Hole in the Narrative
December 14, 2010
It’s astonishing. We read our work in progress. Or we have a friend or a teacher read. And they ask us a question about something so simple, so important to the narrative, that we haven’t bothered to include, and it shocks us. Sometimes we defend ourselves: “I wanted the reader to figure it out”; “I thought it was obvious.” Obvious to us, perhaps, but not to our readers.
Our job, as memoirists, is to give the reader enough details to “get” what’s happening. But not to overload the reader with so many details that the narrative gets bogged down. That’s a delicate balance to maintain, to be sure. But in my experience, beginning writers of memoir give the reader too little information to make sense of the narrative. And I think I know why.
Our stories are so familiar to us that we don’t at first understand just how much information the reader needs to make sense of our tales.
We introduce a “character” into the story; we tell the reader his name. But we don’t tell the reader how we know him or who he is. Because we know him, and we know how we know him, we assume the reader knows. The reader doesn’t. (Here’s where knowing how to artfully insert back-story comes in handy. “My old pal Joe, whom I’d known since high school, my drinking buddy since twelfth grade told me I was crazy to think like that” would do the trick on the first introduction of Joe. “Joe told me I was crazy to think like that” doesn’t tell us who Joe is. A hole in the narrative.
We talk about our family’s trips to Atlantic City. We don’t tell the reader how old we were; we don’t tell the writer when the trips took place. A trip to Atlantic City by a ten year old is a different trip from a trip taken by a teenager. And a trip taken in, say 1960 is different from one taken during the heyday of gambling in Atlantic City, different, even, than today. You may know how old you were when you took that trip, and when it was. Your reader doesn’t. And rendering those details – that hole in the narrative – is important.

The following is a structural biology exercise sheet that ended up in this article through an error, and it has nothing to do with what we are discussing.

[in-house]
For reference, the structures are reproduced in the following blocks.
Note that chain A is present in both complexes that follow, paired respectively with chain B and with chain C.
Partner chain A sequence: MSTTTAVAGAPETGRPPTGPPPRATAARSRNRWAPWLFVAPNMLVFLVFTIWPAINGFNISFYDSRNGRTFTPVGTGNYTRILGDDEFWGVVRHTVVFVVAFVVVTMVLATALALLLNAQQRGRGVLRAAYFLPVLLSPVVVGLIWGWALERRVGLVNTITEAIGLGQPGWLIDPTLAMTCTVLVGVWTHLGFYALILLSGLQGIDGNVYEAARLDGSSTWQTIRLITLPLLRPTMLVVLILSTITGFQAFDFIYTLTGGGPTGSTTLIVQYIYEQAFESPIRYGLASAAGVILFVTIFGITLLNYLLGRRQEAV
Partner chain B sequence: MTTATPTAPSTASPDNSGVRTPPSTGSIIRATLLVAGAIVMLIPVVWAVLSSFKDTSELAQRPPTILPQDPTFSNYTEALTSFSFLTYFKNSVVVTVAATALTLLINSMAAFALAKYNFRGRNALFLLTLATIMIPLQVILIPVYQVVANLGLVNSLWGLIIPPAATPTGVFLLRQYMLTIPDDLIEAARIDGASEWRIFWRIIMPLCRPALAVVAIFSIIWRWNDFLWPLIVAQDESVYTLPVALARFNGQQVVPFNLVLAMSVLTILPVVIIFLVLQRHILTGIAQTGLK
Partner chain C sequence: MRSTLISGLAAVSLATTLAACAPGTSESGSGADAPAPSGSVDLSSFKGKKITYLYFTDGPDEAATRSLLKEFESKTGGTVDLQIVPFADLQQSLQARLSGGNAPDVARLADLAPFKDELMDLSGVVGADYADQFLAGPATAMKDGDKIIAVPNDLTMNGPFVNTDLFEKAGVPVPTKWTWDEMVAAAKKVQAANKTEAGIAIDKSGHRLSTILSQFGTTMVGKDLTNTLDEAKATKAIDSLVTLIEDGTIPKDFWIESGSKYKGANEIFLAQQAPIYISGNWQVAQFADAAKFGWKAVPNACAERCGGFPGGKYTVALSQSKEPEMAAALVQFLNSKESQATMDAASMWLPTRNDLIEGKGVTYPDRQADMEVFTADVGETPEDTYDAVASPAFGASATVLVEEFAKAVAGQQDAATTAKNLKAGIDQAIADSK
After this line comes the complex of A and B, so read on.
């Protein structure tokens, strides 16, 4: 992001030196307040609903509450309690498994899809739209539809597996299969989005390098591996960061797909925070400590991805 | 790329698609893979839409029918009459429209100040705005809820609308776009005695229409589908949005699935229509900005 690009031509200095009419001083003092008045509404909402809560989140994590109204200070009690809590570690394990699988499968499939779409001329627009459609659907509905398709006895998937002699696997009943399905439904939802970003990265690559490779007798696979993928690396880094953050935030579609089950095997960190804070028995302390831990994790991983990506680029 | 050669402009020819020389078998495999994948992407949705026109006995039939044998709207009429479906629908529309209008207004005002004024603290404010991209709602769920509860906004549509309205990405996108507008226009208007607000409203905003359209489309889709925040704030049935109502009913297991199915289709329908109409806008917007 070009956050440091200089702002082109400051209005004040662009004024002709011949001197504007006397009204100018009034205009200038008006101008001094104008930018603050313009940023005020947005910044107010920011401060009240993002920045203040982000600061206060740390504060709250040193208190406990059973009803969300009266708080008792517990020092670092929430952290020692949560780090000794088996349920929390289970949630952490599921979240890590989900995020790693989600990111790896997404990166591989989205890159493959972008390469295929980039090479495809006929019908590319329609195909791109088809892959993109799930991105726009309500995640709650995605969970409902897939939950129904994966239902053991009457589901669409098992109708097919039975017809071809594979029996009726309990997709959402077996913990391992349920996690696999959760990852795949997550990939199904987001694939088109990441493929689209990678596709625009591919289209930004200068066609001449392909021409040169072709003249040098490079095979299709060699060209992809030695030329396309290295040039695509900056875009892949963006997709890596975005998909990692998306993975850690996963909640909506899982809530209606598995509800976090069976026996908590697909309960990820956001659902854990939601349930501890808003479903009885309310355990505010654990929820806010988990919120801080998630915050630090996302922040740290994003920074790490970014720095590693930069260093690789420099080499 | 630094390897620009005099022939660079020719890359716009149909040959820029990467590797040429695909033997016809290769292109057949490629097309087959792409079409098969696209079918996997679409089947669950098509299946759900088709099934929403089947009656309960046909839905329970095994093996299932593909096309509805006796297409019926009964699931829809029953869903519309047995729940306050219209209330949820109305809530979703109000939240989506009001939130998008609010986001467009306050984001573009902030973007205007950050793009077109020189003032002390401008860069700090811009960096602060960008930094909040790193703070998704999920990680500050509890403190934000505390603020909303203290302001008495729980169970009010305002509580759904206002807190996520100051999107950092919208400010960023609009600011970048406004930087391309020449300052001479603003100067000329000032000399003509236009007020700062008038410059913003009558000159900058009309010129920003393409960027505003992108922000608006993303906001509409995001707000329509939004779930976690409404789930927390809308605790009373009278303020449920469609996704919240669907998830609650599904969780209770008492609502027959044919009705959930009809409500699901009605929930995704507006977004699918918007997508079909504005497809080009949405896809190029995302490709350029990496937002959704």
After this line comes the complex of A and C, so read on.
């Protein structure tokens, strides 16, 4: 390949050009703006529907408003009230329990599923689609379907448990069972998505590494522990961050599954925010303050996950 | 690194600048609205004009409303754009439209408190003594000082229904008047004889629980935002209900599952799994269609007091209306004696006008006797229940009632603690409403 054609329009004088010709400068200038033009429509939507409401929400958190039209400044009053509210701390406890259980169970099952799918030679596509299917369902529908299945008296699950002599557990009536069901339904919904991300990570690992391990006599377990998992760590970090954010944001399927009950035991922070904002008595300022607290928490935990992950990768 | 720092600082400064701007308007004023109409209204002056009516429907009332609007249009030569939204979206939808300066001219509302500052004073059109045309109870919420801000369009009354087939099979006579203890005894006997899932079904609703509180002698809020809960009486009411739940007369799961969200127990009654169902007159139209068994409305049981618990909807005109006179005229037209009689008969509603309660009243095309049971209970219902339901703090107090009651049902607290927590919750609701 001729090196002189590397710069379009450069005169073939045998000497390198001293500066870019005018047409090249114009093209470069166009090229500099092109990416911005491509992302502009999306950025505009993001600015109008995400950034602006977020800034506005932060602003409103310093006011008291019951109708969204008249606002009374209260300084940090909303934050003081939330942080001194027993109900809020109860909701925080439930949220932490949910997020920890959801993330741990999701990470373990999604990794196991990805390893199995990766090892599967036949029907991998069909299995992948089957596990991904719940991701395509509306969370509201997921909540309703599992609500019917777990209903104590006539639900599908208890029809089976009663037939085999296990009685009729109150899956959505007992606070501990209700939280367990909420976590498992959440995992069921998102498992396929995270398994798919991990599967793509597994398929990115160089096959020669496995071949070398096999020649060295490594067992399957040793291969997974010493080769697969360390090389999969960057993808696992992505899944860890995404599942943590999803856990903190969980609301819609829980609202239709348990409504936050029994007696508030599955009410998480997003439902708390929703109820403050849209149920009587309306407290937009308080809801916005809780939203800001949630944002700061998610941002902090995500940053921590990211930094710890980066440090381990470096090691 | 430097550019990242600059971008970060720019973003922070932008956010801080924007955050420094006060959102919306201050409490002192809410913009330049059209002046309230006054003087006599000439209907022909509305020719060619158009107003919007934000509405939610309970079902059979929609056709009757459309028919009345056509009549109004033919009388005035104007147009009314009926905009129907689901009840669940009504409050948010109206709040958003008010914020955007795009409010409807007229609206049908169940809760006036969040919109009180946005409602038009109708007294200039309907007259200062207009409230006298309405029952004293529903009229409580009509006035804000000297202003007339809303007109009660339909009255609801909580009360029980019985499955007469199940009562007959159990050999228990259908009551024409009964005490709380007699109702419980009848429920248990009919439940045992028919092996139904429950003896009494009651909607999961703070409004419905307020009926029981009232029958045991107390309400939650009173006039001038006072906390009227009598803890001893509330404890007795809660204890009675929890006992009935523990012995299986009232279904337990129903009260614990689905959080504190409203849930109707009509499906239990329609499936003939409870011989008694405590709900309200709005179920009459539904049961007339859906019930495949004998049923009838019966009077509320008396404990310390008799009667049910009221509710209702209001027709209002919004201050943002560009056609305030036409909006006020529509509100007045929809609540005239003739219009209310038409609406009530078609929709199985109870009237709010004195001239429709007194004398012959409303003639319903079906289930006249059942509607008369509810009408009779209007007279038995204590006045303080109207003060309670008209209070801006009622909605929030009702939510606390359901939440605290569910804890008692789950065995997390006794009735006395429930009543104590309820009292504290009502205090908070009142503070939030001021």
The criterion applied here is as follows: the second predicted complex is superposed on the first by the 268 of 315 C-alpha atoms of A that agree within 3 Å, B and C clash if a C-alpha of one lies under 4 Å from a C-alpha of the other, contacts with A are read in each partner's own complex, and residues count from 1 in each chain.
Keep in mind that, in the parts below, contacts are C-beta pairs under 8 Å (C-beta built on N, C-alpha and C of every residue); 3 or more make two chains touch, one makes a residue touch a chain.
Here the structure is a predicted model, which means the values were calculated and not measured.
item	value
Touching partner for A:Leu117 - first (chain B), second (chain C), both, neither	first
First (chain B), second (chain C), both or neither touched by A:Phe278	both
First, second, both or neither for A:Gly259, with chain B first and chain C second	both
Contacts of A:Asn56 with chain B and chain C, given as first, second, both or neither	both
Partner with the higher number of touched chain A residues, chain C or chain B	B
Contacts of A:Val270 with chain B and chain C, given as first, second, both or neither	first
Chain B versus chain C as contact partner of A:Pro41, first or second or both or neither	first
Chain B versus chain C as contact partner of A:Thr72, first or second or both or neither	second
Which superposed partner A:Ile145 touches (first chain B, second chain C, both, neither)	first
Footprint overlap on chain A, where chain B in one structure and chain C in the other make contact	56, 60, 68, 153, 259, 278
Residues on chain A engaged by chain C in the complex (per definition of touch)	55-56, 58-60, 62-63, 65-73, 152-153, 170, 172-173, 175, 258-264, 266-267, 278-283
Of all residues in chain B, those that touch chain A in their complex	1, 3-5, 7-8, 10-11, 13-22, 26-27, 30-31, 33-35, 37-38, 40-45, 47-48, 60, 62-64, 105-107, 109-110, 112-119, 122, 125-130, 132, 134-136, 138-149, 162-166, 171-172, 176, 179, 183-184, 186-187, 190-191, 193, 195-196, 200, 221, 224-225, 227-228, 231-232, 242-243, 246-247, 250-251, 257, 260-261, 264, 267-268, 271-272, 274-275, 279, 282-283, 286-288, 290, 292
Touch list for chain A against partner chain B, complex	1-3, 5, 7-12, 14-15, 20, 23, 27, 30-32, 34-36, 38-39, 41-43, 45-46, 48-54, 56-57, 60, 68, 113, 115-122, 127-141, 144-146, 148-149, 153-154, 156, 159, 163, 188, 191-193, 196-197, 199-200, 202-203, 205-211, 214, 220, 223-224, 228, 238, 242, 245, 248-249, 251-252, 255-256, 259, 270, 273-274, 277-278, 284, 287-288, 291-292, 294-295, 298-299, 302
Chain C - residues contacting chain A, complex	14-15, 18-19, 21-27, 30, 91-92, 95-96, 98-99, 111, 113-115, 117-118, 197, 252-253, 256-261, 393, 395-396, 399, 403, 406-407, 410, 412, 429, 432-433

A writer describes coming to her home, seeing it burn, seeing a woman carried out of that burning building. The narrative proceeds. Until asked, the writer doesn’t indicate that the woman is her mother. Hole in the narrative. The writer knew; she just didn’t think about the fact that her audience didn’t know.
A writer friend of mine describes a glorious scene about two of her relatives who, she says, never leave the house. They live on the second storey of a building. The descriptions are glorious. But when I read, I’m curious. How do these two get food? Do doctors come to them? Do family members visit? How can two women sustain their lives and never go out? Hold in the narrative. And when my writer friend confronted that hole in the narrative, she discovered a family saga of support of this behavior that illuminated much about them, about her family, about how she had not even stopped to question that their behavior was out of the ordinary.
A writer describes her mother coming to pick her up from a grown man’s apartment where she’s fallen asleep, drunk. (She’s a teenager.) She doesn’t describe how her mother learns she’s there. Hole in the narrative. In describing how she learns, the writer could tell us a great deal about the mother, the relationship between the two. Opportunity missed.